>> BERTRAND de LA CHAPELLE: As a demonstration of the diversity of legal norms happen, Benedicto, if I can, pick on you first and maybe on Norbert briefly afterwards, different countries have different rules applicable to content and also behavior, and I know that in Latin America, in Brazil in particular, there might be specificities regarding the National laws that make things illegal in Brazil or in other countries, and not necessarily in another European or North American country. And there's also the question of: What is the applicable law regarding access to data and protection of data?
Can you briefly tell us how from the Brazilian Government perspective this question of how to determine what is the applicable law resonates? And if you can, I think we need all to speak a little bit close to the mic so that everybody hears.
>> BENEDICTO FONSECA FILHO: Well, thank you, Bertrand, and good afternoon to everyone. I think this issue can be looked into from different angles. I would maybe touch it from the angle of those who need to enforce legislation as you have said, legislation regarding crimes that are committed with the use of Internet. Some of those crimes that are not directly linked to the Internet they can happen in the real world, and also individual world. And there are differences of between nations, and it is ‑‑ I refer that the majority of cases in justice is limited in its enforcement powers that is mandated by law, refer exactly to limitations when in contrast to other countries the request for cooperation is not granted on the basis of different legislation that prevails in that country. A very concrete example is in the most cases in which we have had difficulty applied to differences with the U.S. legislation in regard to crimes related to sex online kind of activities, related to illegal practices, bullying and sex exploitation online, that in our cases would demand some legal action, and when we approach the U.S. authorities, we form that ability to see it from a different angle and they rely more on the Freedom of Expression. The adults are not considered crime so cooperation cannot be granted so I think that indicates maybe the kind of issue that we should look into.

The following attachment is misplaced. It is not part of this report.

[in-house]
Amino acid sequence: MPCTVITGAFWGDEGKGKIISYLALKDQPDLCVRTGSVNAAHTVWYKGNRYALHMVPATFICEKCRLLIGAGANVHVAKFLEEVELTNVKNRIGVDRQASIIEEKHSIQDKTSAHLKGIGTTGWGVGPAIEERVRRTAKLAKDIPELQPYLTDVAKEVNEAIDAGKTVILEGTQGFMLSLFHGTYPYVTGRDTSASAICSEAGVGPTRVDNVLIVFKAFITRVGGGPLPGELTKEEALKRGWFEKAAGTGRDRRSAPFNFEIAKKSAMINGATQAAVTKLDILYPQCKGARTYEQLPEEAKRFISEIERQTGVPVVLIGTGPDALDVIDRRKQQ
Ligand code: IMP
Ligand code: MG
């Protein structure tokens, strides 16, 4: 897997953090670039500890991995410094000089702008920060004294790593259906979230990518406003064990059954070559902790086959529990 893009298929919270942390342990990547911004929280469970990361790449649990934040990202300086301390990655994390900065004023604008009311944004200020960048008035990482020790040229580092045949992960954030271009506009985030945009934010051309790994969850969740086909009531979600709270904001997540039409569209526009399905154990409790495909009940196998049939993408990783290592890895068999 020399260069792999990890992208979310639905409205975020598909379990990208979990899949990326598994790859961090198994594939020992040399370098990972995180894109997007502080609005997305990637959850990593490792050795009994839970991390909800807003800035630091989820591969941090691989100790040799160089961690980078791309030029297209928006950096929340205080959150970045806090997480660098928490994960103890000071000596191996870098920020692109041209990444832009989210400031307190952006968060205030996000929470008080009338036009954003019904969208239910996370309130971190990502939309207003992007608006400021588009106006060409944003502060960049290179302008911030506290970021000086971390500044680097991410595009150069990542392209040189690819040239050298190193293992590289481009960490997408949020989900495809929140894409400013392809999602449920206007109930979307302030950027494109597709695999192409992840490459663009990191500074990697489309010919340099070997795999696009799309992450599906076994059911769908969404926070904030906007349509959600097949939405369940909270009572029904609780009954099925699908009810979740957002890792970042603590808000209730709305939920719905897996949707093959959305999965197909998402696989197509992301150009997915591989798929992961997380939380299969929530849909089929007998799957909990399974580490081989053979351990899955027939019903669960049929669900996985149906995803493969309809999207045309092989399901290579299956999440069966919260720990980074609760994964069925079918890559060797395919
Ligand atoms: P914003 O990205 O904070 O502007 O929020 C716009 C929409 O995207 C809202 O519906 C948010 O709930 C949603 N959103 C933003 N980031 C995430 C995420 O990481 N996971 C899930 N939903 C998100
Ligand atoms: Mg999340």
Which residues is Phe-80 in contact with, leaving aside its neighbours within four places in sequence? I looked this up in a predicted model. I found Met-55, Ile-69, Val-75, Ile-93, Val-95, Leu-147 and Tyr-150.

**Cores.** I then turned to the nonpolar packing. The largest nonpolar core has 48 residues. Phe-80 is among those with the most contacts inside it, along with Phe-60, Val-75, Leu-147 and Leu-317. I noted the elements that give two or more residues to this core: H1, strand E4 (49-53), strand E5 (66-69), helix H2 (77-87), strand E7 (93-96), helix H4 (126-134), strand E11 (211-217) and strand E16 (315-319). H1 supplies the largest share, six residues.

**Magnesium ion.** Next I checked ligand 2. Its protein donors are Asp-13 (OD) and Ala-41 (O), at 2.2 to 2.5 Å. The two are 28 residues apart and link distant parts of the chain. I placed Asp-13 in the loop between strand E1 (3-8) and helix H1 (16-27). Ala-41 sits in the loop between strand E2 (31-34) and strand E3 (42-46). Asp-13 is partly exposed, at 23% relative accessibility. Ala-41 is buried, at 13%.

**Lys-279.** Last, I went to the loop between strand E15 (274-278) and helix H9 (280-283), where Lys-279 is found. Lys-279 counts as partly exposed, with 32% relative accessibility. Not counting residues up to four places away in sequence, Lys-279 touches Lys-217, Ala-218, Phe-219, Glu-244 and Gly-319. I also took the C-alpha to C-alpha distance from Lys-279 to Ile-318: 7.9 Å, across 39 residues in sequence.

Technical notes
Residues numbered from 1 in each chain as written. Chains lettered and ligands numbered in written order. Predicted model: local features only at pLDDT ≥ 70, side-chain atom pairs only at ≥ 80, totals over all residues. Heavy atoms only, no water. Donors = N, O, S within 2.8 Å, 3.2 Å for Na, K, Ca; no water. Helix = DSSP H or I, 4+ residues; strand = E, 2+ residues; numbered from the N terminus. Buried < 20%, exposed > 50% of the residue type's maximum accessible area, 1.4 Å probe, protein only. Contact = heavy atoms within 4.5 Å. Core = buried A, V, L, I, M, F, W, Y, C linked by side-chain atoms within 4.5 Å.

It's not an easy thing, as you have said, because under each National jurisdiction, there is an understanding that countries have sovereign rights determined there so how can we reconcile that is an open question to which we are collectively looking for ideas. And I think this project might help very much. Thank you.
>> BERTRAND de LA CHAPELLE: In particular, if I may mention one second, if I remember correctly, there are situations in certain countries in Latin America ‑‑ I don't remember exactly whether this is the case in Brazil ‑‑ where laws for defamation have particular provisions regarding situations when there is for instance a voting process, elections, or things like that, where it is criminal in that particular moment to have defamatory statements. This is not the case in other countries necessarily. However, it is a legal basis in those situations.
That is an example I think of the type of tensions that can exist where the law in one country is ‑‑ where the user is, is different from the law where the platform or the operator is. Is that ‑‑